Brussels, 16 February 2011
Coordination of social security: the Commission takes Belgium to the Court of Justice of the European Union for discrimination
Several non-Belgian European citizens who worked in the Belgian Congo or Ruanda-Urundi and contributed to the Belgian social security system do not enjoy the same social rights as their Belgian colleagues. On the basis of their complaints, the European Commission has acted to enforce compliance with the principle of non-discrimination between European citizens in line with the Treaty and European legislation. Following a supplementary reasoned opinion sent to the Belgian authorities in 2010, the Commission has decided to take Belgium to the Court of Justice.
Some 200 European citizens in receipt of a Belgian pension linked to their former employment in the Belgian Congo or Ruanda-Urundi do not enjoy the same pension rights as their Belgian colleagues who worked in those countries, because of their nationality and the fact that they are not currently resident in the Union.
According to their complaints received in the early 2000s, their Belgian pensions payable by the Office de Sécurité sociale d'Outre-mer (OSSOM) were not index-linked, unlike those of their Belgian colleagues also living outside the European Union. Under Belgian legislation, the benefits payable to recipients living outside the territory of the Union were adjusted to the cost of living only in the case of Belgian nationals and nationals of countries which had signed a reciprocity agreement with Belgium.
For example, a complainant who is a French national now living in the USA receives a monthly widow’s pension of 23.55 euros. In 2000, OSSOM confirmed to her that a Belgian national also living outside the Union would receive a widow ‘s pension of 240.46 euros a month.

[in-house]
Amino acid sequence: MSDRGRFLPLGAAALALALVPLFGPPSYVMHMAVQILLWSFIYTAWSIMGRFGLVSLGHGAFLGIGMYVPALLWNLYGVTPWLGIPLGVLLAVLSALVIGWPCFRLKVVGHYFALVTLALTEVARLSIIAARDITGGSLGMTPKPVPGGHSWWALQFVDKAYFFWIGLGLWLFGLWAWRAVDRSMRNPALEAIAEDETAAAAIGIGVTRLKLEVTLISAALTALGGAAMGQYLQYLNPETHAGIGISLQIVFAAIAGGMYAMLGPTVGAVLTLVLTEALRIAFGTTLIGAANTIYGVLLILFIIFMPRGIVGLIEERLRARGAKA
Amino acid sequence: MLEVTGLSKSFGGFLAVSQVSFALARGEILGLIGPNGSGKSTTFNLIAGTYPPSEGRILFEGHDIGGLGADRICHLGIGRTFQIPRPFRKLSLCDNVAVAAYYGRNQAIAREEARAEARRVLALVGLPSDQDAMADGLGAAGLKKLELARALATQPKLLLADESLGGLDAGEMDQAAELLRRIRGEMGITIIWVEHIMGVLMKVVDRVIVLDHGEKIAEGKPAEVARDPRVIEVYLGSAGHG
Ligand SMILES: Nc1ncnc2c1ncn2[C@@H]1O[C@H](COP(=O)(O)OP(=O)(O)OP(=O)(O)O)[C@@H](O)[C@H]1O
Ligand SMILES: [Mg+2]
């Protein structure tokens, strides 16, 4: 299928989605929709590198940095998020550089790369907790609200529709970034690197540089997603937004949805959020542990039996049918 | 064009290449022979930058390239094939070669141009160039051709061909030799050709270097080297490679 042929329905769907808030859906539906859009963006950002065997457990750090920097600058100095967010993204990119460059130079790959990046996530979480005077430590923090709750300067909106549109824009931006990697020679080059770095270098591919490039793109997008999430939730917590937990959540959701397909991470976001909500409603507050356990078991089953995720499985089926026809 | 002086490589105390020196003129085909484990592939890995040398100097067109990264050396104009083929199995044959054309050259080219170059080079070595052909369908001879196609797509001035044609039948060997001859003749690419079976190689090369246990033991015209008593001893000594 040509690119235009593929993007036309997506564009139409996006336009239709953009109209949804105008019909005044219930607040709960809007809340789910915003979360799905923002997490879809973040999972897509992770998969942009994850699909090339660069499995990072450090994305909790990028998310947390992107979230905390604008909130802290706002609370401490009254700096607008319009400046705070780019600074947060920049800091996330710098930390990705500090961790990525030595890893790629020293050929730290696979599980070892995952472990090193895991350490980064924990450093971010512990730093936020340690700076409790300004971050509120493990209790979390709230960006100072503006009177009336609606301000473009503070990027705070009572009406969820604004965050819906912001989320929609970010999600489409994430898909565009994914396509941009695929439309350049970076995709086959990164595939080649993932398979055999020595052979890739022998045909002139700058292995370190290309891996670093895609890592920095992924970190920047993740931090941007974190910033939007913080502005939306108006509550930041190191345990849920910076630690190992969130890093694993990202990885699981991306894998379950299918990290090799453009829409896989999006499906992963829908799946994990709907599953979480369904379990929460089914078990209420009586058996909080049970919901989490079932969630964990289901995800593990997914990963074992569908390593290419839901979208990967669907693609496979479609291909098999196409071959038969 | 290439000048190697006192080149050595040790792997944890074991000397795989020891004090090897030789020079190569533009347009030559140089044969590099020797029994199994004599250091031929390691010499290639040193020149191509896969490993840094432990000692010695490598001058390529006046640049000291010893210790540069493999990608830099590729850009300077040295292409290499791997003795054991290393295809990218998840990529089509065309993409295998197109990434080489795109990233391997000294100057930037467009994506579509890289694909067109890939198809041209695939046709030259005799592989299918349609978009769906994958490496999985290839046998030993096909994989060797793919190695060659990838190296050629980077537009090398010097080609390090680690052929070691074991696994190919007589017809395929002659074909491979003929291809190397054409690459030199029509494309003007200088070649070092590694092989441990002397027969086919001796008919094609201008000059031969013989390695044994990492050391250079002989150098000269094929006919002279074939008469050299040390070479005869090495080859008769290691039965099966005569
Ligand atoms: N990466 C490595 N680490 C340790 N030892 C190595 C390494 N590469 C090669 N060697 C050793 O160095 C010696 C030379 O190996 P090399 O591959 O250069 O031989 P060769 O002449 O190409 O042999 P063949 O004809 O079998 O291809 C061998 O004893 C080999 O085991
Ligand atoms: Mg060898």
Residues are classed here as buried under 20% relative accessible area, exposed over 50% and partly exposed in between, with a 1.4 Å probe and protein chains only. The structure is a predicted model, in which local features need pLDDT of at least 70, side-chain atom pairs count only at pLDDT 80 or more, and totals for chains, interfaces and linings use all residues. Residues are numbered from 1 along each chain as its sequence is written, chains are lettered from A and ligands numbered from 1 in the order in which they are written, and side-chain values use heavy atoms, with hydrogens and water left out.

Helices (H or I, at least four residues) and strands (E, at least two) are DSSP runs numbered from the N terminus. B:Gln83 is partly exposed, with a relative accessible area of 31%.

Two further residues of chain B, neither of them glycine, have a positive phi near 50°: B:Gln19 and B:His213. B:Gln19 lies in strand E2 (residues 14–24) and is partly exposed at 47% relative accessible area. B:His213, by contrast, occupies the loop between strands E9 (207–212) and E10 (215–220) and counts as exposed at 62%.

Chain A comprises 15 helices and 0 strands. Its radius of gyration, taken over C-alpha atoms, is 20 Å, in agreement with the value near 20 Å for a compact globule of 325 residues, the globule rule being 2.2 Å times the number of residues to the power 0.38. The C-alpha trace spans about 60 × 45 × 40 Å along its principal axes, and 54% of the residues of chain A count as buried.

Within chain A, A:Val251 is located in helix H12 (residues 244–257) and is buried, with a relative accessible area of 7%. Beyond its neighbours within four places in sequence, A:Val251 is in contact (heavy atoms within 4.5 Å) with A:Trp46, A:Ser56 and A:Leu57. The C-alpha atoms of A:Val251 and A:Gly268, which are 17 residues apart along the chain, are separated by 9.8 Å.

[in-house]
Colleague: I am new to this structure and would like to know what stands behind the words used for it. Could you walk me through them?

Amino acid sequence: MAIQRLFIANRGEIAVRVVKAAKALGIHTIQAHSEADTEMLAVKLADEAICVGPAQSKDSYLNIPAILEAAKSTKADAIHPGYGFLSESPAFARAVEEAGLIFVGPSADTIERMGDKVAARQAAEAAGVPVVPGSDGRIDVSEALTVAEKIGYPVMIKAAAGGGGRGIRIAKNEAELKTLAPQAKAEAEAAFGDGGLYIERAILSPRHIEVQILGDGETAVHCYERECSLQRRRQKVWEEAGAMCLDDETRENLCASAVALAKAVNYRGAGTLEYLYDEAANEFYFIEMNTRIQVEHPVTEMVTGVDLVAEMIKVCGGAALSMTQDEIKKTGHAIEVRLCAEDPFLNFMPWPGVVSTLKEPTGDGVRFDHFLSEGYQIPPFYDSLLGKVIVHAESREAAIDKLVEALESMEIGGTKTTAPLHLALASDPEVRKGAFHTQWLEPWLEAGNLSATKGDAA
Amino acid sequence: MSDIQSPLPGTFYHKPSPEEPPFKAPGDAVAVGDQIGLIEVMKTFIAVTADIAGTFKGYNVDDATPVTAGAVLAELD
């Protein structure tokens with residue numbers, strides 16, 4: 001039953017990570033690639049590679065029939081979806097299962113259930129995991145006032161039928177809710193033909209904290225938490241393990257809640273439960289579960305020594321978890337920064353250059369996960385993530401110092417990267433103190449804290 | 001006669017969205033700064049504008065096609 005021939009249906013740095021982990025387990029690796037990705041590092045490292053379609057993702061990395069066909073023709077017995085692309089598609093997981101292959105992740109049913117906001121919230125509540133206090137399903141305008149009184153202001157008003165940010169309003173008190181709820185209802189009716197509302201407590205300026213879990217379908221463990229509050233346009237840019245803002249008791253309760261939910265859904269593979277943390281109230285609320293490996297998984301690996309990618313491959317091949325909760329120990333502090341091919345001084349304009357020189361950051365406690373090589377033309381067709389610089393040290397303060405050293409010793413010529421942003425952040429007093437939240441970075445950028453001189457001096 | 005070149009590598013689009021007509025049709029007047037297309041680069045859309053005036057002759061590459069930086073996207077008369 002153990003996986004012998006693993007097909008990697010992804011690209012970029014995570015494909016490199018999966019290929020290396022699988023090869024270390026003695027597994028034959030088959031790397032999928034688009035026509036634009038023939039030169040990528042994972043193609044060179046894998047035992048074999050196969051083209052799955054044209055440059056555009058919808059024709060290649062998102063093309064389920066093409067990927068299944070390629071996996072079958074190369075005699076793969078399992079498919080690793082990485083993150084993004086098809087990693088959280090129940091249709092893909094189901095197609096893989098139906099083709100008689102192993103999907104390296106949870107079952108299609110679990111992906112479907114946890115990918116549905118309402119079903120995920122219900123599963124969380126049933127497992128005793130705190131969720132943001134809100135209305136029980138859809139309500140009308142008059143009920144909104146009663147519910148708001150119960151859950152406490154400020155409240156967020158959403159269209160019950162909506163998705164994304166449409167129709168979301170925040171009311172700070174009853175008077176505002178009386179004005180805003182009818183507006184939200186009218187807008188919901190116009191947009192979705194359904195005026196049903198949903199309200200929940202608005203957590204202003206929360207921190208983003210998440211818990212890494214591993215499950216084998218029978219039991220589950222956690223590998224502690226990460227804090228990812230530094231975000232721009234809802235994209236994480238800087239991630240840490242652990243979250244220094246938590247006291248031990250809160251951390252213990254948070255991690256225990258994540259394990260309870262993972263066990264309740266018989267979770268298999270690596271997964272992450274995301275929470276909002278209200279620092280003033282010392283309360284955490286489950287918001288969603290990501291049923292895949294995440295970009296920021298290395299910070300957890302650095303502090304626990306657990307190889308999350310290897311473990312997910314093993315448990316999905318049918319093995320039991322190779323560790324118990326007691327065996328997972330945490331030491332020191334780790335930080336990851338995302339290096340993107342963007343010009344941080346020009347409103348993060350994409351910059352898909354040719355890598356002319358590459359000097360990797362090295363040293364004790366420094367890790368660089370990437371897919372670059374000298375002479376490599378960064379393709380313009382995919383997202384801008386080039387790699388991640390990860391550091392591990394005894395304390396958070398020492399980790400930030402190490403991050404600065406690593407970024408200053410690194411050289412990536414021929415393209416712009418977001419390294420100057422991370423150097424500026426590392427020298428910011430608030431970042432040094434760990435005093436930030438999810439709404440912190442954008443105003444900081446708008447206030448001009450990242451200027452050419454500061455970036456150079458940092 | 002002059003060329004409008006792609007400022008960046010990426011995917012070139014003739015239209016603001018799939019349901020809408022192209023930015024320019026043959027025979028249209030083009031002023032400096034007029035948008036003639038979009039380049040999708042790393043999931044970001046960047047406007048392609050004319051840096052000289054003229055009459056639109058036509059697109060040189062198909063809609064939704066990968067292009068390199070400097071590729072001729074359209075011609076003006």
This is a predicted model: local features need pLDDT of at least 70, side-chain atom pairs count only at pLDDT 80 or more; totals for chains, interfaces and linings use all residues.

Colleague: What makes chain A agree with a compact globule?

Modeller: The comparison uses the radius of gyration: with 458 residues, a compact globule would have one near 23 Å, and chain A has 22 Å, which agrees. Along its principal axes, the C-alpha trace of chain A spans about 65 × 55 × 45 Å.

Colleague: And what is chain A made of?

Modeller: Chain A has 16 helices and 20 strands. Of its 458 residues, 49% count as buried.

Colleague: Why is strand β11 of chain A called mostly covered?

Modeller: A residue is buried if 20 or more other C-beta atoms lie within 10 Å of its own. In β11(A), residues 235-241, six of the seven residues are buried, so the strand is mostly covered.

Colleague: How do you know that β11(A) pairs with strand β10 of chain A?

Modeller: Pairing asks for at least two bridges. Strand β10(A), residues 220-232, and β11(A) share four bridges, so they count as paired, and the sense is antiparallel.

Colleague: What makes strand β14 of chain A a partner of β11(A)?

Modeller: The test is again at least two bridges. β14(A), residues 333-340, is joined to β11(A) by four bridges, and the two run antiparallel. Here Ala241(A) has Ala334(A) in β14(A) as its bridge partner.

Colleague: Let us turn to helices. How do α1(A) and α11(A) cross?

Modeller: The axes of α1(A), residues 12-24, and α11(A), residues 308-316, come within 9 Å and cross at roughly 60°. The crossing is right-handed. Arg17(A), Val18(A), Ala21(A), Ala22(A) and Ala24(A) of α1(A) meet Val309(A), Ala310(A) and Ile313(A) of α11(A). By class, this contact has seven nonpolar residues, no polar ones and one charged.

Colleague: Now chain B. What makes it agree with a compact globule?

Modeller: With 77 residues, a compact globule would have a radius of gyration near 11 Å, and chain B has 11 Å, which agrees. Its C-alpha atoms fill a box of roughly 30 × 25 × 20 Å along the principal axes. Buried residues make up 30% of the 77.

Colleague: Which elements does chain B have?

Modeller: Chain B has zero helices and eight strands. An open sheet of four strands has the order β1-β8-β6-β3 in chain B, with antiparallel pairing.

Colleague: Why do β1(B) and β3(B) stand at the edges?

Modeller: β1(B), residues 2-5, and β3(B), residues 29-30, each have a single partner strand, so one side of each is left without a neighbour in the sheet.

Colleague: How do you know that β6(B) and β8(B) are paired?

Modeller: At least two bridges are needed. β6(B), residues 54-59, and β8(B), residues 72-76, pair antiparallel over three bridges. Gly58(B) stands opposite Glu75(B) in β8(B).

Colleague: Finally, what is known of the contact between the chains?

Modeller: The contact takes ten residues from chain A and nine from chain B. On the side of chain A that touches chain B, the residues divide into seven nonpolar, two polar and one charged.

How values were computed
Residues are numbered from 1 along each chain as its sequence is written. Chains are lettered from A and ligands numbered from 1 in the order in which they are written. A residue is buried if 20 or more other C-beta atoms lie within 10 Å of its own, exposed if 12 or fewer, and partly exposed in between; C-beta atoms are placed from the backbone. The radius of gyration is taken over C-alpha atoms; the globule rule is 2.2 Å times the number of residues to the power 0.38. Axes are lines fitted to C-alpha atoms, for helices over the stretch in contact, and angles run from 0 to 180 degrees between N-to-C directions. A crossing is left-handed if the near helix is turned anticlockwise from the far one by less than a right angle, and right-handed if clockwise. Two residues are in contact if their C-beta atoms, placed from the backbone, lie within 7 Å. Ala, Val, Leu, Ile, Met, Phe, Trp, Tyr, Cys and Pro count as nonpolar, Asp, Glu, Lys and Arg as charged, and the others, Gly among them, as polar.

Such different treatment is contrary to the principle of non-discrimination on grounds of nationality enshrined in the Treaty (Articles 18 and 45 TFEU). It is also in breach of the Regulation on the coordination of social security systems (Regulation 883/2004), according to which nationals of an EU Member State who are subject to the legislation of another Member State are entitled to the same benefits and subject to the same obligations as nationals of that Member State.
Following the Commission’s reasoned opinion in 2004, Belgium removed the residence condition which prevented the indexing of pensions, but only from 1 August 2004. The change therefore did not remove the discrimination the complainants had suffered throughout the period prior to 1 August 2004, during which they were deprived of part of their pension.
The Commission considers that these European citizens are still the victims of discrimination and is asking the Court of Justice to rule that Belgium has failed to comply with European law.
For more information on the coordination of social security:
Download the guide to the European provisions on social security:
For more information on EU infringement procedures, see MEMO/11/86.